When it is your turn to speak, tell your side of the story in chronological order. Try to speak slowly and clearly so everyone can understand you. If you have pictures or other evidence, show them to the police officer before you provide them to the bailiff or clerk, and then the bailiff or clerk will give the evidence to the judge.

At the end, the judge will rule either for or against you. If you lost your trial without a lawyer, you may be able to have the case heard a second time, on the basis that you did not have a lawyer. If this is granted, then you will definitely need to hire a lawyer. If you win your trial, congratulations! Next you will go to the Clerk of Court’s office to obtain your “disposition.” This can take a long time, depending on the length of the line. You will take a number and be called up to collect your final judgment.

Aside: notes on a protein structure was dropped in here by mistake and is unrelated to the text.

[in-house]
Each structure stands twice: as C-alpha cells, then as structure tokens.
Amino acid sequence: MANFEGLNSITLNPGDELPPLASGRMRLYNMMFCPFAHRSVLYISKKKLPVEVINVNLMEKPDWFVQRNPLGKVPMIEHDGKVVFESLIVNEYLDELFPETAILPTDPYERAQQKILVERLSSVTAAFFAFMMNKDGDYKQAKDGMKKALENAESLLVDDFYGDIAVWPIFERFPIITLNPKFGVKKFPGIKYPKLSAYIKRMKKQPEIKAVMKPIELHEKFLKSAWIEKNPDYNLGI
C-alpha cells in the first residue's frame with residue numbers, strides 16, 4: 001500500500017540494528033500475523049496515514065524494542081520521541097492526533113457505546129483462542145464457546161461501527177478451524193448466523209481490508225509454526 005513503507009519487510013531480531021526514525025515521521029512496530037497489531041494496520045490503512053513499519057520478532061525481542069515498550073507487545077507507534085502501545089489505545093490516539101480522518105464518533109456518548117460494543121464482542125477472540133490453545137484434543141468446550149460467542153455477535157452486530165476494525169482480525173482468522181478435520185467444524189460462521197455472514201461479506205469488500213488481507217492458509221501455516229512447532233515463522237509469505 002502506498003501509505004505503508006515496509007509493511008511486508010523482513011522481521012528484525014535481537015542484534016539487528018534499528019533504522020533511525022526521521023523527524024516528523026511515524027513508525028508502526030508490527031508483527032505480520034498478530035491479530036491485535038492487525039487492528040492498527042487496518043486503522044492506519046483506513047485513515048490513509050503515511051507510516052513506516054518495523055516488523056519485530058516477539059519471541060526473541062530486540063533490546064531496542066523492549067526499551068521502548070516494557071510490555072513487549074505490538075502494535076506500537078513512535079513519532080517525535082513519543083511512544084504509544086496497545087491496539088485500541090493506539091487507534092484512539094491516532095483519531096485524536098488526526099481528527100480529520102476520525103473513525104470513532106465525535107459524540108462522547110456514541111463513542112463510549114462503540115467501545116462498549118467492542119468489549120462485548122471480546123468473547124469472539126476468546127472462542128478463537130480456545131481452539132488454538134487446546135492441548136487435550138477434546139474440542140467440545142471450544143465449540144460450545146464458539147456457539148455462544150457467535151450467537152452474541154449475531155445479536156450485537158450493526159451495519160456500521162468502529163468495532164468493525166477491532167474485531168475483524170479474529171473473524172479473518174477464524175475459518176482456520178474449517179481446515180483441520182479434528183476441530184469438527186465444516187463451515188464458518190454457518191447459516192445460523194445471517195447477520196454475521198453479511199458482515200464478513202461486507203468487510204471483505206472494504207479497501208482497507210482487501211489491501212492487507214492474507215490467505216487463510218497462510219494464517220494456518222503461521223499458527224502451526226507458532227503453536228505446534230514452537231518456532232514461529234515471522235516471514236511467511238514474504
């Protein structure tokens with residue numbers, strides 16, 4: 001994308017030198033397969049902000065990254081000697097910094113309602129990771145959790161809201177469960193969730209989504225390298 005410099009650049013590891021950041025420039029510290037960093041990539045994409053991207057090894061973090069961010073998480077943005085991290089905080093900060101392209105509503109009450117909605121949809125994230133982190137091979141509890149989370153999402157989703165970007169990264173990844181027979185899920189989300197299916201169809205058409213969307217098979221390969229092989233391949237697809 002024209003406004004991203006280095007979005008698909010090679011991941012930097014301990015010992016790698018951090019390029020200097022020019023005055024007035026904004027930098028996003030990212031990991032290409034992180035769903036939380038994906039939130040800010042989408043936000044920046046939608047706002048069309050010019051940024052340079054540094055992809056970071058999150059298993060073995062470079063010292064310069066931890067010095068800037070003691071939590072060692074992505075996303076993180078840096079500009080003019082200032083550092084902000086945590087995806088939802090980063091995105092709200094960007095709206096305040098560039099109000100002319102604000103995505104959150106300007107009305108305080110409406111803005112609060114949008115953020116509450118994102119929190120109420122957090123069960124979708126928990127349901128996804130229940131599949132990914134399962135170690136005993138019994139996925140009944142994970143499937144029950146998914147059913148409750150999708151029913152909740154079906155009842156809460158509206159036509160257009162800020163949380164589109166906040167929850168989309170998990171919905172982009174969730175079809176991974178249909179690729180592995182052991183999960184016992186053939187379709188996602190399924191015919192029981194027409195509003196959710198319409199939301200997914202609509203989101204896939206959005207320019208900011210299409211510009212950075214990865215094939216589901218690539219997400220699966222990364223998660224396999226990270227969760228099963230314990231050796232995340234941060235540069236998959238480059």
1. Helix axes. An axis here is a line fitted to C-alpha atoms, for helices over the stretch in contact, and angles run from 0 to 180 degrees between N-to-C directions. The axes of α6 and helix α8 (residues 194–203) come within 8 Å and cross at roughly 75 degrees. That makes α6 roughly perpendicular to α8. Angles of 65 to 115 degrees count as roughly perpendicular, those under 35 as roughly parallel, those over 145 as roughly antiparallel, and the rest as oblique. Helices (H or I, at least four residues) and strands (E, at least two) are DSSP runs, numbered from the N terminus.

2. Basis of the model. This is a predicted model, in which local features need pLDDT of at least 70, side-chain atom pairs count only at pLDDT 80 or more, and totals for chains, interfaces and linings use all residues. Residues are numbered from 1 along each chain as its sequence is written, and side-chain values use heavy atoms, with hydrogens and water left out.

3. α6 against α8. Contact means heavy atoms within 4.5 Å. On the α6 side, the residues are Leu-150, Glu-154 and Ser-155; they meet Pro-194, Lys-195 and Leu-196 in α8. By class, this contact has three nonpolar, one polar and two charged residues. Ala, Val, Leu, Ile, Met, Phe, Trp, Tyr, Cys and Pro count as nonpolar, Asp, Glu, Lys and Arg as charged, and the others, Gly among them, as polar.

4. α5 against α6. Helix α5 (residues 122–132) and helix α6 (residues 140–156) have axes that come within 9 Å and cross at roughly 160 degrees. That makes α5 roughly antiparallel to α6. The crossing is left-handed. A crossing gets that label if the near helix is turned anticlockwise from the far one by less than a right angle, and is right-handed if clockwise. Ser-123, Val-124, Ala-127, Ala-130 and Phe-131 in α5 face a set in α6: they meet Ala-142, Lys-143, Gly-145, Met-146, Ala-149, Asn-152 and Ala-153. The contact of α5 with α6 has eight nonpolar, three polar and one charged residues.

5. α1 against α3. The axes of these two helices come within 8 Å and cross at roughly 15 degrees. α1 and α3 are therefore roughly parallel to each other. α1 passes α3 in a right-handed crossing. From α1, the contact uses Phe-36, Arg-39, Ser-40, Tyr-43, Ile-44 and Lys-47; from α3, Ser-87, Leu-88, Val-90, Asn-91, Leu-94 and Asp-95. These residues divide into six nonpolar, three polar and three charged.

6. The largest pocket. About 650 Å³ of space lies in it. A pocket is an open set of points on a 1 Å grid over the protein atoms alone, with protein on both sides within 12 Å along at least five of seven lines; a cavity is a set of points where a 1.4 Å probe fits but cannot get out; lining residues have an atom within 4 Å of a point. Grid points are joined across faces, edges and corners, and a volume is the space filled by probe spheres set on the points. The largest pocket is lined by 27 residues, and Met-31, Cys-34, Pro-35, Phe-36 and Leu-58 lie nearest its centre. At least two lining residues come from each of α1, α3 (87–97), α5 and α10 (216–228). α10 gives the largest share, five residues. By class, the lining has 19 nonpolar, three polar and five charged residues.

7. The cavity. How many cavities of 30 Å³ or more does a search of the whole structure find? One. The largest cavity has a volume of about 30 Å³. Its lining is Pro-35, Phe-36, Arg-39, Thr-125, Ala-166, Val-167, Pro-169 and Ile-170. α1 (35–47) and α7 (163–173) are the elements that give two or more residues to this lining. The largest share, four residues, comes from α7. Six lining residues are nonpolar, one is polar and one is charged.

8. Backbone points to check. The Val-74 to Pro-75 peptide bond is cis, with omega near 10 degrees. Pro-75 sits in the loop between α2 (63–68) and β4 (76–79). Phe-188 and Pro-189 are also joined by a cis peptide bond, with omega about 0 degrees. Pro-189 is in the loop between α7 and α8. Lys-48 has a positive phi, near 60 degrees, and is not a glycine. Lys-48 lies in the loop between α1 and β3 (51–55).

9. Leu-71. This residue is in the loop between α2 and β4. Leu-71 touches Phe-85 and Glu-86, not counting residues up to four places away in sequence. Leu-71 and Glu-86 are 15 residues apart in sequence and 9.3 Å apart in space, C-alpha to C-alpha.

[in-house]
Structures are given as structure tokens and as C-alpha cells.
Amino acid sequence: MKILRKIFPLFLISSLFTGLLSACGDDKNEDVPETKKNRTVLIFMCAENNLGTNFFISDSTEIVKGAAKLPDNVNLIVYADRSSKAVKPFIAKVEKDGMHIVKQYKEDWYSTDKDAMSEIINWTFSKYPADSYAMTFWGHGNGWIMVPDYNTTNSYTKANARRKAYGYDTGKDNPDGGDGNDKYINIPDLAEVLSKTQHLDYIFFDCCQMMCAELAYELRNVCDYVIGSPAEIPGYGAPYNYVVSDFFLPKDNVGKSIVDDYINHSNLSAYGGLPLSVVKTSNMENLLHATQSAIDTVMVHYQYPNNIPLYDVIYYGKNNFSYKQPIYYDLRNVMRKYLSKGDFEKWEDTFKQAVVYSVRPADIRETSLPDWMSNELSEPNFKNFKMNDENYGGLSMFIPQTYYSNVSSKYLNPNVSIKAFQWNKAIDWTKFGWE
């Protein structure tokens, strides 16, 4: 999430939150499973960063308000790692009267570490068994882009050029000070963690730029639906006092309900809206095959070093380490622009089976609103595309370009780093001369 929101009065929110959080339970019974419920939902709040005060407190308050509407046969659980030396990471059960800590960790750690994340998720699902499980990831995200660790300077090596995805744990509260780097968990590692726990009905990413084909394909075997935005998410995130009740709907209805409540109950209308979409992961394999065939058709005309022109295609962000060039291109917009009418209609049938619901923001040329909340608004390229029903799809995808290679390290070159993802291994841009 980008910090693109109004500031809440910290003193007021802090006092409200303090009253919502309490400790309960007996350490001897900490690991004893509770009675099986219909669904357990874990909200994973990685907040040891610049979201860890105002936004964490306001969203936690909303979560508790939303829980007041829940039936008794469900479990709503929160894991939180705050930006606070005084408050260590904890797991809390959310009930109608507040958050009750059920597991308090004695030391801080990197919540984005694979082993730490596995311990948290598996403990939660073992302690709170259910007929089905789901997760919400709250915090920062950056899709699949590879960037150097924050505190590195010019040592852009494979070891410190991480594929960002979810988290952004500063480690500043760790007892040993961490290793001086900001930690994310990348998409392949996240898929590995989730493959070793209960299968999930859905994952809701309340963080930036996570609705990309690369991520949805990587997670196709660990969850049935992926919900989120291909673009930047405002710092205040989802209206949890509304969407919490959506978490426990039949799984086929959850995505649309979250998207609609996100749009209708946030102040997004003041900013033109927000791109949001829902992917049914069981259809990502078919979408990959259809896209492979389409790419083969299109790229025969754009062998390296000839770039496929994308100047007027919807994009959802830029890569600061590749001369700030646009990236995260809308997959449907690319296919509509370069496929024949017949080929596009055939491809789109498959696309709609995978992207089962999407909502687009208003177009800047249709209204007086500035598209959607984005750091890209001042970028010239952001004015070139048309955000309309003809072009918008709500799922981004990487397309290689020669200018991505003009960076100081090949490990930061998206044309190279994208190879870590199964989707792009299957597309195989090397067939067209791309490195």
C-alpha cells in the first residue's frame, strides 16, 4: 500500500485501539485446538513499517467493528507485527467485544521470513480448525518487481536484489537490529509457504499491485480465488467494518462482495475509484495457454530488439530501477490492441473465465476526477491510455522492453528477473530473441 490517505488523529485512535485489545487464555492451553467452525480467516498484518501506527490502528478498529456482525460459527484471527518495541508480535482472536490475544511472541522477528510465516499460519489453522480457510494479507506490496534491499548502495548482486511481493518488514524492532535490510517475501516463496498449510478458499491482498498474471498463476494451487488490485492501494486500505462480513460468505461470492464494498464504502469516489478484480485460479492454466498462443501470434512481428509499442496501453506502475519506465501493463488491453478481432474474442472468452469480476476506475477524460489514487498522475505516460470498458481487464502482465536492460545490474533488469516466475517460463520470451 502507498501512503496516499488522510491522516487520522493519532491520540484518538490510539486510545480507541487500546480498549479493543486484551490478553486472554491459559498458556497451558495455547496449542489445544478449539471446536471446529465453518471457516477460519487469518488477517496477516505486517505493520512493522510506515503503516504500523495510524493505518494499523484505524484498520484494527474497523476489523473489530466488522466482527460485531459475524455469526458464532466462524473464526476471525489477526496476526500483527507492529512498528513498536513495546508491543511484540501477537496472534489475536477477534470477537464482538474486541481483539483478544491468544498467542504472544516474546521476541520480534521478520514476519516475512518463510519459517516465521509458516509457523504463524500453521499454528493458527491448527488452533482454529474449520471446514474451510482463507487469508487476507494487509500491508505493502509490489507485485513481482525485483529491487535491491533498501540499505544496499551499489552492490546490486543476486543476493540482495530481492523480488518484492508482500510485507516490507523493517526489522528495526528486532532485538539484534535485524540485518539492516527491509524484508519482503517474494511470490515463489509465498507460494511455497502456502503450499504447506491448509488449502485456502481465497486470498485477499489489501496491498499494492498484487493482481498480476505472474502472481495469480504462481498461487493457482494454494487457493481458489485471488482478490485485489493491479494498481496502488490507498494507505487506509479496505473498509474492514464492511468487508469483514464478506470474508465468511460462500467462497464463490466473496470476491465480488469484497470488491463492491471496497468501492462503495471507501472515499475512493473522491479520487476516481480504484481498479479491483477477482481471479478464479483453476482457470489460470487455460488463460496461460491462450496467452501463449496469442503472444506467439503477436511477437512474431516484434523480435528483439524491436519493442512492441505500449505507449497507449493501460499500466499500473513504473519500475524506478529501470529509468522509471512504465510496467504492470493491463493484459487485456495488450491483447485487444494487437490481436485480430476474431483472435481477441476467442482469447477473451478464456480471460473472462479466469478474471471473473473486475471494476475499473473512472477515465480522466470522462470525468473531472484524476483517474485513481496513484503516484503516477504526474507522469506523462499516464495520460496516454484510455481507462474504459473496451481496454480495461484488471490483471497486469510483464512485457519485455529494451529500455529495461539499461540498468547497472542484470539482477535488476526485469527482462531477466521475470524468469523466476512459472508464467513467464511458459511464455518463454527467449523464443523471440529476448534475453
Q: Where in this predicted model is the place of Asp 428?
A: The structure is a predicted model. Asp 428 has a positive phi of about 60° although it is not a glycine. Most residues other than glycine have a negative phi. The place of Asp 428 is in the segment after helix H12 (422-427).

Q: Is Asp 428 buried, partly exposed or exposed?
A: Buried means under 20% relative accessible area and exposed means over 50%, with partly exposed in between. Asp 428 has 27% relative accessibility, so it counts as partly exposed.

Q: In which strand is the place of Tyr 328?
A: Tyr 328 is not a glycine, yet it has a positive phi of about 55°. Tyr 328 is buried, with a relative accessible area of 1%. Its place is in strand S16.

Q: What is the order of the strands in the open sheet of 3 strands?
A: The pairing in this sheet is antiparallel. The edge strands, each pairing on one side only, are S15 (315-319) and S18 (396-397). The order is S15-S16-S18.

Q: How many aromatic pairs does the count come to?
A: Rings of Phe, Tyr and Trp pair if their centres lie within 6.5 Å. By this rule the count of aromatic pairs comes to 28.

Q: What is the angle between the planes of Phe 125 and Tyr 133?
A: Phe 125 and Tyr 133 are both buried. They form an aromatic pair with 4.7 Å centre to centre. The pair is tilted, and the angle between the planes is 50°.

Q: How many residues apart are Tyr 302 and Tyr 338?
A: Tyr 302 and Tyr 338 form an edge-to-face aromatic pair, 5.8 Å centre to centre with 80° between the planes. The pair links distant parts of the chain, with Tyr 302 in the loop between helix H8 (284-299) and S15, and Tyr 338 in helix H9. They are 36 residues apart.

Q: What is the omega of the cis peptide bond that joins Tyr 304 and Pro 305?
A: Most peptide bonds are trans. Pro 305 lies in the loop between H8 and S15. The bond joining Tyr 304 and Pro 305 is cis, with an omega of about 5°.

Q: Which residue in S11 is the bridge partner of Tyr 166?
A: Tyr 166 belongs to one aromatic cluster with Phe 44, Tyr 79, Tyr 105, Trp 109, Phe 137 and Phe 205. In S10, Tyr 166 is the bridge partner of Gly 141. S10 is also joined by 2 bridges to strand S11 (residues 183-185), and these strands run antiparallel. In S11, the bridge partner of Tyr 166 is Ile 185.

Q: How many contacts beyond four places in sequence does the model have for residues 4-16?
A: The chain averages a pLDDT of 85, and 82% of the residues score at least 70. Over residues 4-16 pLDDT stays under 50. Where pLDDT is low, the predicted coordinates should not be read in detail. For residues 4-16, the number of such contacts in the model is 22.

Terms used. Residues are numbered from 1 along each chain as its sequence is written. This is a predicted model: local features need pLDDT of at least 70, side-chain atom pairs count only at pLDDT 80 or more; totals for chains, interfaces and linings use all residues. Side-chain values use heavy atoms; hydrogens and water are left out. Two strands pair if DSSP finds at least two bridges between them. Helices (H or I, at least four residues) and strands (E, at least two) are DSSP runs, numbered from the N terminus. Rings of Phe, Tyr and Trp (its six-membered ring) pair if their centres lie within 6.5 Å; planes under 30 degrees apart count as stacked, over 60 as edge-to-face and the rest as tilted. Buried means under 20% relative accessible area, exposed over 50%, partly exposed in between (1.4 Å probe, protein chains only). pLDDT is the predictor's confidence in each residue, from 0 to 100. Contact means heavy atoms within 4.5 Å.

When I first started practicing law, I used to handle traffic tickets so I would get more comfortable in a real courtroom and practice my skills for presenting evidence. We still receive a lot of requests from people who need help with traffic matters. However, we have decided to focus on business law, especially for creative, technology and social benefit entrepreneurs and organizations. We highly recommend Frank Menendez, a fellow graduate of the University of Miami School of Law, who provides excellent professional service in the area of traffic ticket defense. Learn more about Ticket Fit, Frank Menendez’s traffic ticket defense law firm.